I was there in the corner of the courtroom and I watched James as he sat in the dock, with a fearful look on his face, showing that he was clearly scared of where he was going to end up, perspiring under the pressure of the courtroom. A lawyer paced forwards and backwards in front of him, the heels of her shoes echoing around the room as she walked. "So Mr. Murdoch, you have no proof as to where you were on the night? " her tone was insistent. "I told you, I was out taking the dog for a walk," James replied nervously. "Yes, of course you were.
That is why no one saw you between eight and eleven, and your glove was left at the scene of the murder. How do you explain that Mr. Murdoch? " she was trying her hardest to put James under pressure. "I can't explain it," he stuttered in panic as he answered, "I wasn't even wearing gloves that night. It was a mild night. " "Well, your honour, I think you have seen all of the evidence. Mr Murdoch has no proof of where he was on the night of the murder, and not only that, but his glove was left at the scene of the murder. " the lawyer said. The judge looked up from his paper. He looked thoughtful.
He tilted his glasses downwards and took a deep breath in. "Very well," he breathed, "We will return for verdict and sentence at fourteen hundred hours. The court is adjourned. " As we waited to be called back in to the courtroom for the verdict, I caught a glimpse of James walking with his solicitor. He paused for a couple of seconds and looked directly at me. When he looked at me, he did not look at me with the usual smile that I saw. Instead, he looked at me with contempt. His solicitor whispered something to him, and he turned and began to walk away. I called out his name, but he just kept walking.
At two o'clock that afternoon, as promised, the court was called back into session. "All rise," was the call that was heard from the door to the side of the bench, and the judge once again emerged. I looked over to where James was seated. He was now sitting even more nervously than before, moving around in his seat and swallowing hard. The judge sat down and looked over to the jury. "What is the verdict you have come to? " he asked. A short man in his mid forties stepped up with a sheet of paper in his hand, "On the charge of the murder of Mrs T. Cameron, on the twenty-ninth of July 2000, the jury find Mr.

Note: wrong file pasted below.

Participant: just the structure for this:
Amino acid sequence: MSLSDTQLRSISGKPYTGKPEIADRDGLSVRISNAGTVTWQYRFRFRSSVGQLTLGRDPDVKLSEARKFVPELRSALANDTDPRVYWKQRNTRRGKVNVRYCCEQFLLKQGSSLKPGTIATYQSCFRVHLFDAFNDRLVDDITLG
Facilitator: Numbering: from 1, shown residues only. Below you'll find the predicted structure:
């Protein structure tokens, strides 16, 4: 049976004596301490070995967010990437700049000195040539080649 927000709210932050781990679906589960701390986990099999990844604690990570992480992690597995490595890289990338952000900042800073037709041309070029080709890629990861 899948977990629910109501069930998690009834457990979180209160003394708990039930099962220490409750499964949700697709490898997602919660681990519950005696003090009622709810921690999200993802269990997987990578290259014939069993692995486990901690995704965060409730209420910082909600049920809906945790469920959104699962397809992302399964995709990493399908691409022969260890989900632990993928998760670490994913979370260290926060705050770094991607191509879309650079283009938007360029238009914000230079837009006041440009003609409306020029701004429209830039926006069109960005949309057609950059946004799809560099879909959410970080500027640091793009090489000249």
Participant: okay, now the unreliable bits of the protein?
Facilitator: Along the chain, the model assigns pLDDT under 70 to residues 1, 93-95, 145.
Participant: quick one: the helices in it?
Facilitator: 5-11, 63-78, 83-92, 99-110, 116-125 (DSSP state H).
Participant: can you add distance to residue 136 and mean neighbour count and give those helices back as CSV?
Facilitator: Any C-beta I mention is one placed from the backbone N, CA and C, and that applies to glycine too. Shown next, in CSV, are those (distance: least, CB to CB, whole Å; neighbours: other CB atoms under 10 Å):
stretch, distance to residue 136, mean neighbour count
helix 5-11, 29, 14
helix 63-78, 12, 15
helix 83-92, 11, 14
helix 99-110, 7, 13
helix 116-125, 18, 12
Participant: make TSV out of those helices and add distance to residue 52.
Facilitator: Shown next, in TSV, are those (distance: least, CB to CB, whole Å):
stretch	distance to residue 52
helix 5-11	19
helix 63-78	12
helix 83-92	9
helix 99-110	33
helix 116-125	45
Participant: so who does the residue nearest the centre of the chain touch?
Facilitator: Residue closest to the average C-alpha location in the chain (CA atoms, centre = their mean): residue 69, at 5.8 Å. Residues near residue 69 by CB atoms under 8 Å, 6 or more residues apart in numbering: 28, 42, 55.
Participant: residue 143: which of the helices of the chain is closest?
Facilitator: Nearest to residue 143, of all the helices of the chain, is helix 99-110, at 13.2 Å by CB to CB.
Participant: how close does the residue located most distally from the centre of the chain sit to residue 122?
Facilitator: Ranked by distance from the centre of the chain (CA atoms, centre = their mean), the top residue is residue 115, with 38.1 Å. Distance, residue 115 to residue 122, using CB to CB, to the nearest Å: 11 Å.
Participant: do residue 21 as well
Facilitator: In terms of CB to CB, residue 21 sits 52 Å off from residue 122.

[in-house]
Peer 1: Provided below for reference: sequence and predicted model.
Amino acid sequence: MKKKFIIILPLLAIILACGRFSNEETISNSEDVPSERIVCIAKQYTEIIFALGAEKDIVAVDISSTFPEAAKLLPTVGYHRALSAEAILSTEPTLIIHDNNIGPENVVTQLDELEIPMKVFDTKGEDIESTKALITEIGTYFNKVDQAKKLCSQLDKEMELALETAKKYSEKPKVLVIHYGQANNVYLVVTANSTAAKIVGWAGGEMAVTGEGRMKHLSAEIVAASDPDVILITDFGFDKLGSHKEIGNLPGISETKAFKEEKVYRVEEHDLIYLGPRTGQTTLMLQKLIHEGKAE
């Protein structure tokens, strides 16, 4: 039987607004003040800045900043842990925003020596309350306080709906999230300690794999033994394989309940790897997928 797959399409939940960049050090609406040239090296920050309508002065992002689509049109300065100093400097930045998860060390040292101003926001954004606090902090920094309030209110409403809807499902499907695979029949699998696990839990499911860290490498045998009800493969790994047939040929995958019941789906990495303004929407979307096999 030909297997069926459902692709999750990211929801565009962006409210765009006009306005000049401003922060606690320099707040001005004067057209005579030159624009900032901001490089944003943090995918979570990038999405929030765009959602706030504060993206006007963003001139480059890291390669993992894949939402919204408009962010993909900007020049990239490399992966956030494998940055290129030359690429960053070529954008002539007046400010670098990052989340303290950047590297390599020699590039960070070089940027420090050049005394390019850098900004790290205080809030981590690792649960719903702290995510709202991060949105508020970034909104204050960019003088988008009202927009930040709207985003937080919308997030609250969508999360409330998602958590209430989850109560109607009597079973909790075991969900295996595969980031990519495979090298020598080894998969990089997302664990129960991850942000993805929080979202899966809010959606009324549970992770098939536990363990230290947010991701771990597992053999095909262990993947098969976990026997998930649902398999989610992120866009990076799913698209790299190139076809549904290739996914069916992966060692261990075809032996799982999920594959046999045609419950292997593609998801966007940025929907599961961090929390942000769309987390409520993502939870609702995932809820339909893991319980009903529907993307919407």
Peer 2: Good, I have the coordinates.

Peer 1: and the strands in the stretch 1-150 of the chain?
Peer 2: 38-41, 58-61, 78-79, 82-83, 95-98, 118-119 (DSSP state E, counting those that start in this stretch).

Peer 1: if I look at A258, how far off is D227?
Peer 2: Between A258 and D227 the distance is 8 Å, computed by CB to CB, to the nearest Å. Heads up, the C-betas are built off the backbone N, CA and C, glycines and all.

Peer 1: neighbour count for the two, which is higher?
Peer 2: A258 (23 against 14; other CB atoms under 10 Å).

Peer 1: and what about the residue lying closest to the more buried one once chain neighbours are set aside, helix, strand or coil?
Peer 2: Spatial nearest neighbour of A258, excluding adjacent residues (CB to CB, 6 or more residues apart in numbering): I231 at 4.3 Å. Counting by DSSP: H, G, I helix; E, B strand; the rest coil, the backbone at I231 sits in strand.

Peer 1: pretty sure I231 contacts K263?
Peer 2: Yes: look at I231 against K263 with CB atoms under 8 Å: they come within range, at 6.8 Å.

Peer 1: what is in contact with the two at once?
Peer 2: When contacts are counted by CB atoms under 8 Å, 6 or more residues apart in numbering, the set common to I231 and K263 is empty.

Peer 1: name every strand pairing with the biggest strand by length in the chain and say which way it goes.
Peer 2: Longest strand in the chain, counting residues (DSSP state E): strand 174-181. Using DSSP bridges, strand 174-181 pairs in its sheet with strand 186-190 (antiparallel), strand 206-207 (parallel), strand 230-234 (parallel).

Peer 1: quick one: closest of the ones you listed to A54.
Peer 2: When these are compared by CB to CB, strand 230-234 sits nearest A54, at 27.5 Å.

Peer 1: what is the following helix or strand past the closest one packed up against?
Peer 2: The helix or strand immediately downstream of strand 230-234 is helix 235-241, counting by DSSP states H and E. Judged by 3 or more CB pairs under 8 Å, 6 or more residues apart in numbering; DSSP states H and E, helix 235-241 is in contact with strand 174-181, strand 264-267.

Murdoch guilty as charged. " The whole courtroom seemed to gasp as it was announced, although from the evidence given by the lawyers, it was inevitable that the verdict would be guilty. The judge took a moment to reflect on the decision. He made some notes and the room stayed silent, awaiting the sentence that was to be given to James. You could hear the clock ticking in the corner, and I was becoming more and more uneasy as I realised where it was that James was heading. The sound of the ticking seemed to get louder, until it was interrupted by the judge's voice.
"Under the circumstances, I think there is only one ruling that I can give, but first let me take a minute to say what I think of what Mr. Murdoch has done. I can not imagine why any man would feel the need to go out and kill. I do not see the reason why any man would want to take the life of another, especially in a case such as this, which appears to be without motive. But to take the life of a thirty-two year old mother, in front of her nine-year-old daughter, seems not to be the doings of a man, but rather the doings of a monster. " At these words I shuddered.
"For this reason, I have no choice but to sentence Mr Murdoch to life imprisonment. Case closed. Court is dismissed. " There was a mumbling around the courtroom, people discussing in disbelief that this man had been imprisoned for life. I looked over to James, exiting the courtroom one last time, my eyes filling up with tears. He glanced back at me, with nothing but anger on his face. My mouth went dry and I felt a lump in my throat, it was then, that I realised the full enormity of what I had done. I had sent James, my best friend, to prison in my place.